Although the number of immune events on q2m dosing was slightly higher, interestingly, the converse was true for deaths and infectious complications. Four patients in the q1m group experienced clinically significant BK viremia as compared with only 2 in the q2m treatment group. In addition, 1 patient in the q1m group suffered complications from ganciclovir-resistant CMV viremia and, ultimately, passed away. Although overall, there was no difference in cumulative survival from combined death or graft loss between groups‚ it does appear that the q1m group may be more susceptible to death (from infection or otherwise), whereas q2m may be more susceptible to immunologic events associated with nonadherence resulting in graft loss (Table 3; Figure 3). This information could be used in tandem with other immunologic risk factors, for example, eplet disparities,23 to inform clinical conversations with patients in determining their optimal immunosuppression. Patients at high risk for nonadherence may do well to remain on monthly dosing, whereas those with a history of infectious complications may benefit from decreased dosing frequency and a reduction in immunosuppressive burden.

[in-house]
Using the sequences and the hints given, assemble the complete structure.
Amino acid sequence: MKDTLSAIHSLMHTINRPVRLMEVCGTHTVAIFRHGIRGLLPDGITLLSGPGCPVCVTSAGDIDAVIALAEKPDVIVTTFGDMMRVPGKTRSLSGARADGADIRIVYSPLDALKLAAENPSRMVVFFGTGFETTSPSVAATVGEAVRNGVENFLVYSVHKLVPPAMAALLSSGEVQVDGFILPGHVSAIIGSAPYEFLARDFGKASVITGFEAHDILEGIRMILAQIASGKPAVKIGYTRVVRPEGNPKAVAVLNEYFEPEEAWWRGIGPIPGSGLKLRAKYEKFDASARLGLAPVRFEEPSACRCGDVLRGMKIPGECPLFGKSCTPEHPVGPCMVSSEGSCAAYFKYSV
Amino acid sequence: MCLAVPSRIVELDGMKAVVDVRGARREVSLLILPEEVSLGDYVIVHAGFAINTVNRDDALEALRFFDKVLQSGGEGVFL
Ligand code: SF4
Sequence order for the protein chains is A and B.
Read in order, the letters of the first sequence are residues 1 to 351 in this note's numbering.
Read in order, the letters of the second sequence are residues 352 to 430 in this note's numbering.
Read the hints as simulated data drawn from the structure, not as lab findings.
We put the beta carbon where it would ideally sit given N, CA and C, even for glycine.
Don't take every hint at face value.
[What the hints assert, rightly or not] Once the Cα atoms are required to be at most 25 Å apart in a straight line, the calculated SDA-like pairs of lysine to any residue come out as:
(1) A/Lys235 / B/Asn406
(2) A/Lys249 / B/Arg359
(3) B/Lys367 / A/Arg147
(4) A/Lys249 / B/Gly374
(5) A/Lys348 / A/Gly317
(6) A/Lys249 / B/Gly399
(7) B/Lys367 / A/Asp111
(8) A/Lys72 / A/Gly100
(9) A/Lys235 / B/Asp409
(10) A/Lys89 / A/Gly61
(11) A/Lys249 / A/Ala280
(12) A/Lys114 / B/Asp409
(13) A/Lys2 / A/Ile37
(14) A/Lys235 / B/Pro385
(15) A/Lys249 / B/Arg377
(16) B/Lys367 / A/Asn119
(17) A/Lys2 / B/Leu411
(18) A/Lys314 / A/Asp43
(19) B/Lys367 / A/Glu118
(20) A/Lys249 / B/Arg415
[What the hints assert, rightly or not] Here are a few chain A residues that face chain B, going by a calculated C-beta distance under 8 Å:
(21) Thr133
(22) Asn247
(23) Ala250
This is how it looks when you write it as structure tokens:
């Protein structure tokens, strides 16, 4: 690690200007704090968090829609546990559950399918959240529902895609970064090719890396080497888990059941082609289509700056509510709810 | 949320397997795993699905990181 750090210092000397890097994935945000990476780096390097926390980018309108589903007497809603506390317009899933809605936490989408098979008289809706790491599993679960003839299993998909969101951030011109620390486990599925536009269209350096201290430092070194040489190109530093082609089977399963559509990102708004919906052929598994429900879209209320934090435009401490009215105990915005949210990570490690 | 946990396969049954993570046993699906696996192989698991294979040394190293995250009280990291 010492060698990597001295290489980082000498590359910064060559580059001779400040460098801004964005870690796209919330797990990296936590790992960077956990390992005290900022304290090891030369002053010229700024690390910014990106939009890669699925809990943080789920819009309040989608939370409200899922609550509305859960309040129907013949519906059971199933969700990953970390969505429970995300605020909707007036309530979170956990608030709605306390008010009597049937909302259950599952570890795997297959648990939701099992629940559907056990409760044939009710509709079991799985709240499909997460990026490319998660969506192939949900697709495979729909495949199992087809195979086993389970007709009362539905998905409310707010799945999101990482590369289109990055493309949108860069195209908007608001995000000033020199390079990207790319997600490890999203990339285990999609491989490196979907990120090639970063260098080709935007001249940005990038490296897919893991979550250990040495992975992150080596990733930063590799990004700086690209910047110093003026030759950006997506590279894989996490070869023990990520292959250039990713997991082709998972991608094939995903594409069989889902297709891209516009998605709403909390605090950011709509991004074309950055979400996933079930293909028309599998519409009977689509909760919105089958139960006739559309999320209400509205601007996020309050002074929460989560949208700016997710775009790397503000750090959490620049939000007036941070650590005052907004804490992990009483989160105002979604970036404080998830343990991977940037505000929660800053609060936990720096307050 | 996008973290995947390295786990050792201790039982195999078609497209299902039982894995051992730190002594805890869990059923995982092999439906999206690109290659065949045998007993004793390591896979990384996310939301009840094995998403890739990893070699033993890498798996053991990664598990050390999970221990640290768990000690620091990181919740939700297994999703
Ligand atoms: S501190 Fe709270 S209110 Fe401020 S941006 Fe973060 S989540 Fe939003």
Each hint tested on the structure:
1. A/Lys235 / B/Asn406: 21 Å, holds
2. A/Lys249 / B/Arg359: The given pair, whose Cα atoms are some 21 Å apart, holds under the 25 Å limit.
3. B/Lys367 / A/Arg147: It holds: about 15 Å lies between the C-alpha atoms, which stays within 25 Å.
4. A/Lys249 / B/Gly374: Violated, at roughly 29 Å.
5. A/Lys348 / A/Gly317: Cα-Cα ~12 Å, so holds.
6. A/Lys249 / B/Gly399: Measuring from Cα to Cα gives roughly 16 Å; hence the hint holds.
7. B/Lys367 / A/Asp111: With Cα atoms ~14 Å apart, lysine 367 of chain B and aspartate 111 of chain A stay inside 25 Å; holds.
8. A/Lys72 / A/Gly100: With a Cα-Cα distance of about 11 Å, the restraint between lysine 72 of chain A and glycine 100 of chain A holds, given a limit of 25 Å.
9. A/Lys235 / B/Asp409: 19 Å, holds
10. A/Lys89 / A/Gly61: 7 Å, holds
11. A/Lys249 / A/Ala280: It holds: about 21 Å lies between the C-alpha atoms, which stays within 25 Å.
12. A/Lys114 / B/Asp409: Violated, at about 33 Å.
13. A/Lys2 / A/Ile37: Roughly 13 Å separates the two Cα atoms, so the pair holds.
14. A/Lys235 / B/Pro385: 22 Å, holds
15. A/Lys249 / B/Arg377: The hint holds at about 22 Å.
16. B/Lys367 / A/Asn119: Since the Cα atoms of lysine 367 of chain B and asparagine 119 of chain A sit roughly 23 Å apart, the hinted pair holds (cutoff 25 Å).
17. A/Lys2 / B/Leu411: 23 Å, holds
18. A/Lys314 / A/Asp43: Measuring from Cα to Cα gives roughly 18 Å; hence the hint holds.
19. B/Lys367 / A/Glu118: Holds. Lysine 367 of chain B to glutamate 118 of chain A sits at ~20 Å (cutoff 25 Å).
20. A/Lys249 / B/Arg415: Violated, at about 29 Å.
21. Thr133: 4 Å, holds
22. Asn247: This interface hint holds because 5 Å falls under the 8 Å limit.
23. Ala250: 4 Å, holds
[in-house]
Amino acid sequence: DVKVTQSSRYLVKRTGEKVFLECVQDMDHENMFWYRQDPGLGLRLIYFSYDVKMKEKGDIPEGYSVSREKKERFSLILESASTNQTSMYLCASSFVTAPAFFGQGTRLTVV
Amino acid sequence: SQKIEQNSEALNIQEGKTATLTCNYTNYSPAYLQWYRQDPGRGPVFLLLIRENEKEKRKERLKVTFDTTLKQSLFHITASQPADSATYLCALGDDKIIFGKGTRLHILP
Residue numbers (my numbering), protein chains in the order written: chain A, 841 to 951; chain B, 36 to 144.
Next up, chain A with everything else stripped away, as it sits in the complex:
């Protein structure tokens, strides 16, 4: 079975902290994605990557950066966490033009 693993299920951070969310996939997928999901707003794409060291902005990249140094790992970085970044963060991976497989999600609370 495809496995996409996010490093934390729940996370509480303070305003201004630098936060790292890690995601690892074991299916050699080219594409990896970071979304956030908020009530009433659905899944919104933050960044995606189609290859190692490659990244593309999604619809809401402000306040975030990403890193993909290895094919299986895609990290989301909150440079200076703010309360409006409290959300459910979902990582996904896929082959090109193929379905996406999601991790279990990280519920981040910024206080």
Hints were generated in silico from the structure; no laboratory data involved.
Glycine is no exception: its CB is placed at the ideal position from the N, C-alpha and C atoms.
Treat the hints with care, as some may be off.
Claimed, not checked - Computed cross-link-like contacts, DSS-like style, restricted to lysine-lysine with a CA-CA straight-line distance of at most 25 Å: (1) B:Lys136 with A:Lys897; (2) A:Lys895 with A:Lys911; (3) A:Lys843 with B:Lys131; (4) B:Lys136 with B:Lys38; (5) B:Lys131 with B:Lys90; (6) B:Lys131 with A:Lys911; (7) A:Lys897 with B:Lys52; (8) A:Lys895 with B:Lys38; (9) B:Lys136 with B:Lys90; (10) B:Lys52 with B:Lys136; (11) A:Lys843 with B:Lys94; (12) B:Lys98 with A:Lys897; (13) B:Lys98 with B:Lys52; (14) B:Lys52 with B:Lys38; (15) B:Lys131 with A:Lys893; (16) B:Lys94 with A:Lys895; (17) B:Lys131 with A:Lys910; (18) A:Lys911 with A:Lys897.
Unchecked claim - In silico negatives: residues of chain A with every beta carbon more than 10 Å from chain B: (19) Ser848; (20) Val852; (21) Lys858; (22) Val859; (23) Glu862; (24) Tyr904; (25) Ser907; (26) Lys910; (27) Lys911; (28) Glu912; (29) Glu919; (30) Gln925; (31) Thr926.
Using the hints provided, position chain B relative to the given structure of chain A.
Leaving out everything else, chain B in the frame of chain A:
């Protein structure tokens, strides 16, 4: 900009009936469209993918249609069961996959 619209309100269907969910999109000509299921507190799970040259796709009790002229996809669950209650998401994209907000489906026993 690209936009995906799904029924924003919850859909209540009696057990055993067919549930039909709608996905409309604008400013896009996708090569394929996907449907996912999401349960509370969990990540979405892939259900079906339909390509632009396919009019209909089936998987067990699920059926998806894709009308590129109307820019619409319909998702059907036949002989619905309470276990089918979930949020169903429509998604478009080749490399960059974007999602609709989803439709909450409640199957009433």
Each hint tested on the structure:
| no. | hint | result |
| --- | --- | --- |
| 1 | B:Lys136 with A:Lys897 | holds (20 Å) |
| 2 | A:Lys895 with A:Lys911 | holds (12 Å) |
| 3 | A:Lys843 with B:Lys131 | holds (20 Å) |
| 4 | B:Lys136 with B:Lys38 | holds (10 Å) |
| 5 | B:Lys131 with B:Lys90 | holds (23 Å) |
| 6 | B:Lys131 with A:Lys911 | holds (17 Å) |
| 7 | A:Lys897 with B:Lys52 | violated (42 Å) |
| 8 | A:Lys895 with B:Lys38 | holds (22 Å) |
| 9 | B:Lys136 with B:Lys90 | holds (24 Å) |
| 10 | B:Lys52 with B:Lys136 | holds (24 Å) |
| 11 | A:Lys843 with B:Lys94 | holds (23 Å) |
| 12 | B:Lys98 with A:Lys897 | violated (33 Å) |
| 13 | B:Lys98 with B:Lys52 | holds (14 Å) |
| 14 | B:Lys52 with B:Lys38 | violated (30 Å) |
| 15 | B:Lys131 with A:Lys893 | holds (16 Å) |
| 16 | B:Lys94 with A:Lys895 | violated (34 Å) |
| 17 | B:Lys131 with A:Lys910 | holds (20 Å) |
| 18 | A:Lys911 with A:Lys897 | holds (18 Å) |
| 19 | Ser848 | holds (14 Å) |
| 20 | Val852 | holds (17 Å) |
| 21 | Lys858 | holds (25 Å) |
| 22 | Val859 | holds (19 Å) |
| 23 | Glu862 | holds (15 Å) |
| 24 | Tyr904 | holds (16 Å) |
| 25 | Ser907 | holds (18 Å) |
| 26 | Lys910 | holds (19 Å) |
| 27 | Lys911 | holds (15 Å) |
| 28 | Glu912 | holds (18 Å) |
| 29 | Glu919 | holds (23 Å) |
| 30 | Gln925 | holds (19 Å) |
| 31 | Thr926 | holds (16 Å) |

Though not statistically significant, the 2 groups did demonstrate different immune event profiles, with a trend toward higher rejection rates in the q2m cohort. When combined with the first year of follow-up, the difference in cumulative survival from acute rejection nearly reaches statistical significance. Although the clinical margin is not dramatic (98.7% 3-y rejection-free survival in q1m versus 92.4% in q2m), these data do suggest that nonadherence may be less tolerated on the q2m dosing regimen. However, the majority of this signal was detected early, with 63% of immune events (5 of 8) in the q2m group observed during the first year of follow-up. The difference in cumulative rejection-free survival from the year 1 time point to the year 3 time point was similar between groups (q1m: −1.3%, q2m: −2.5%, Table S5, SDC, Therefore, although nonadherence may be associated with a higher rate of immune events on a q2m regimen, the resulting events are most likely to occur within the first year during close follow-up. Protocol biopsies were not performed during the transition in this low-immunologic-risk population but could be considered in populations with a higher concern for subclinical events. Unfortunately, without more rigorous documentation of medication adherence between groups, it is difficult to conclusively attribute events to nonadherence. Although clinical coordinators detect and contact patients with missed infusions, oral medications adherence is usually focused on only in the context of clinical concern. Importantly, the 2 adherent subjects (130 and 151) with immune events (1 ACR and 1 DSA, Table S6, SDC, have maintained their baseline renal function without additional immunologic complications 3 y postconversion.